Obviously people planning a trip to Disney World want to find the most economical way to do so, and one of the options is through leveraging credit card spending. We’ve had quite a few conversations about the value of the Disney credit cards, and they’re pretty interesting compared to the cards I typically review, so I thought it might be helpful to give a breakdown in case other frequent travelers are trying to decide if the Disney Visa cards are worth it. The cards aren’t part of my affiliate network and I wasn’t too familiar with them prior to this weekend, but hopefully this is interesting nonetheless.
Disney Visa Card Overview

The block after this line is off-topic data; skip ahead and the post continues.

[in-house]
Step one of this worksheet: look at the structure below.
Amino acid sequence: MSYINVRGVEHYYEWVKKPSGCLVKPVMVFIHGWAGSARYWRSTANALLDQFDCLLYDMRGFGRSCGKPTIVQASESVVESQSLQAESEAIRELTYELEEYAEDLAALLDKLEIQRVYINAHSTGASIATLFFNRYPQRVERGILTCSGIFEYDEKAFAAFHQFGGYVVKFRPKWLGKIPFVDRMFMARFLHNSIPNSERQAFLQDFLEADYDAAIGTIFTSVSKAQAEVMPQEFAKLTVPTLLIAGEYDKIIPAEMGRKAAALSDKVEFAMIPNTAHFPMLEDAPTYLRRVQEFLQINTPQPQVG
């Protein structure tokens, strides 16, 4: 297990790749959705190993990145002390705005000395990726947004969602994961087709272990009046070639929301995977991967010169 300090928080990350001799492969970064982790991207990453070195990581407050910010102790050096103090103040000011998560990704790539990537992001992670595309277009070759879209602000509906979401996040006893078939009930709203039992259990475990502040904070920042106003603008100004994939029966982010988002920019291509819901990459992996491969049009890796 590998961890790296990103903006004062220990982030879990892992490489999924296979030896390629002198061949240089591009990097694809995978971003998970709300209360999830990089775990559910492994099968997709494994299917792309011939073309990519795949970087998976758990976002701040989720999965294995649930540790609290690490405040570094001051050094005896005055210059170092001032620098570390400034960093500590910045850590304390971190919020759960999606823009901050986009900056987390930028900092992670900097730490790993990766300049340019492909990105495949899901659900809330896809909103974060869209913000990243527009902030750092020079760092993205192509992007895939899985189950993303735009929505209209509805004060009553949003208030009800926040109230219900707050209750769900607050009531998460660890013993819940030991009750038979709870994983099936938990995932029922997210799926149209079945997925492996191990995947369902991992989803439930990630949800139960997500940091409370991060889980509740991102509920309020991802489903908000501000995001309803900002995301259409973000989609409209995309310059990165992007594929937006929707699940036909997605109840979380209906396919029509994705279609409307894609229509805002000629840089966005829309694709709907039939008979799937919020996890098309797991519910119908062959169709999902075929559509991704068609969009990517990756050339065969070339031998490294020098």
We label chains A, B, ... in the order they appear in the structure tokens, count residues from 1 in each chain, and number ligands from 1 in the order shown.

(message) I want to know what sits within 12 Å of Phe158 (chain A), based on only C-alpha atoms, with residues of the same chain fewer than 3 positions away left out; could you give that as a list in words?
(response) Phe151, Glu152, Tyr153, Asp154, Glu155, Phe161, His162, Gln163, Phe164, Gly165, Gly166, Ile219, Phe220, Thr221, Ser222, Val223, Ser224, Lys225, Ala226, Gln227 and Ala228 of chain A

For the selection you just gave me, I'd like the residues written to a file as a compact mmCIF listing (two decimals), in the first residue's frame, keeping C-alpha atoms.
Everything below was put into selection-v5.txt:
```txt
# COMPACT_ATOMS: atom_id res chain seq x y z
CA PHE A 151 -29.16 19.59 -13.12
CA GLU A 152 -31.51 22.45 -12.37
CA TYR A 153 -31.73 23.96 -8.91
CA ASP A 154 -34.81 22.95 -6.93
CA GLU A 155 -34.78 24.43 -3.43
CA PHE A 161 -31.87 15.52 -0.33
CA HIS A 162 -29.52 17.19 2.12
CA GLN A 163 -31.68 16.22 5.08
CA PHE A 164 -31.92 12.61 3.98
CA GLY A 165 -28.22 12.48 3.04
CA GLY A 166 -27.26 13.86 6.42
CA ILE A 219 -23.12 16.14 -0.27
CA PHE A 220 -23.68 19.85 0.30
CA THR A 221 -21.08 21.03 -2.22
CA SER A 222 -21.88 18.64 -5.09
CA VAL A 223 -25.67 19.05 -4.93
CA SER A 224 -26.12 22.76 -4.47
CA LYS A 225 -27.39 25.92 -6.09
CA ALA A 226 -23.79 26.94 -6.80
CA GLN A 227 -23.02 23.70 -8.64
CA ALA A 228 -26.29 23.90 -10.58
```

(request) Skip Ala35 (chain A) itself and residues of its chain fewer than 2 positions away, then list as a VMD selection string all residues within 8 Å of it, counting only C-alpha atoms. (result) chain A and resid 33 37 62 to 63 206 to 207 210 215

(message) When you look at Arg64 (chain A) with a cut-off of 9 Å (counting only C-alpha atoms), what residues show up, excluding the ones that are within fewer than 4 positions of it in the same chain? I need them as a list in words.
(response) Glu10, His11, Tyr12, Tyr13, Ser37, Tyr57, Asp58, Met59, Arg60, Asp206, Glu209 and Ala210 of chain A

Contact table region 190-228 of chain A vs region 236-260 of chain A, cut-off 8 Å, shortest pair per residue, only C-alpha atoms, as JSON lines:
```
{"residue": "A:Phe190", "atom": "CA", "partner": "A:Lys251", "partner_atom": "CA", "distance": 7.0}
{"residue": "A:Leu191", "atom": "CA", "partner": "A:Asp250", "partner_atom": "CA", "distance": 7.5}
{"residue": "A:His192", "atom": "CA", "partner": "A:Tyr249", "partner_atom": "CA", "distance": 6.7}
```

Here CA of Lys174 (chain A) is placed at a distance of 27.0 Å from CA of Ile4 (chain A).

Disney has two co-branded Visa cards — the Disney Rewards Visa Card and the Disney Premier Visa Card — both of which are offered by Chase.
- Annual fee: $0
- Sign-up bonus: Get a $50 Disney Gift Card after first purchase
- Earnings rates: Earn 1% in reward dollars on card purchases
- Annual fee: $49
- Sign-up bonus: Earn a $100 Disney Gift Card after spending $500 in the first 3 months from account opening
- Earnings rates: Earn 1% in reward dollars on card purchases, plus earn an additional 1% in reward dollars on card purchases at gas stations, grocery stores, restaurants and most Disney locations for a total of 2% in these categories
Both are effectively cash back cards, offering a rebate in the form of “Disney Reward Dollars.” These Reward Dollars can be redeemed towards either Disney merchandise, or toward Disney vacations:
- Most everything Disney, including Disney movie tickets, DVDs, toys, costumes and more
- Toward Disney Theme Park tickets, Resort stays, dining at Disney restaurants and more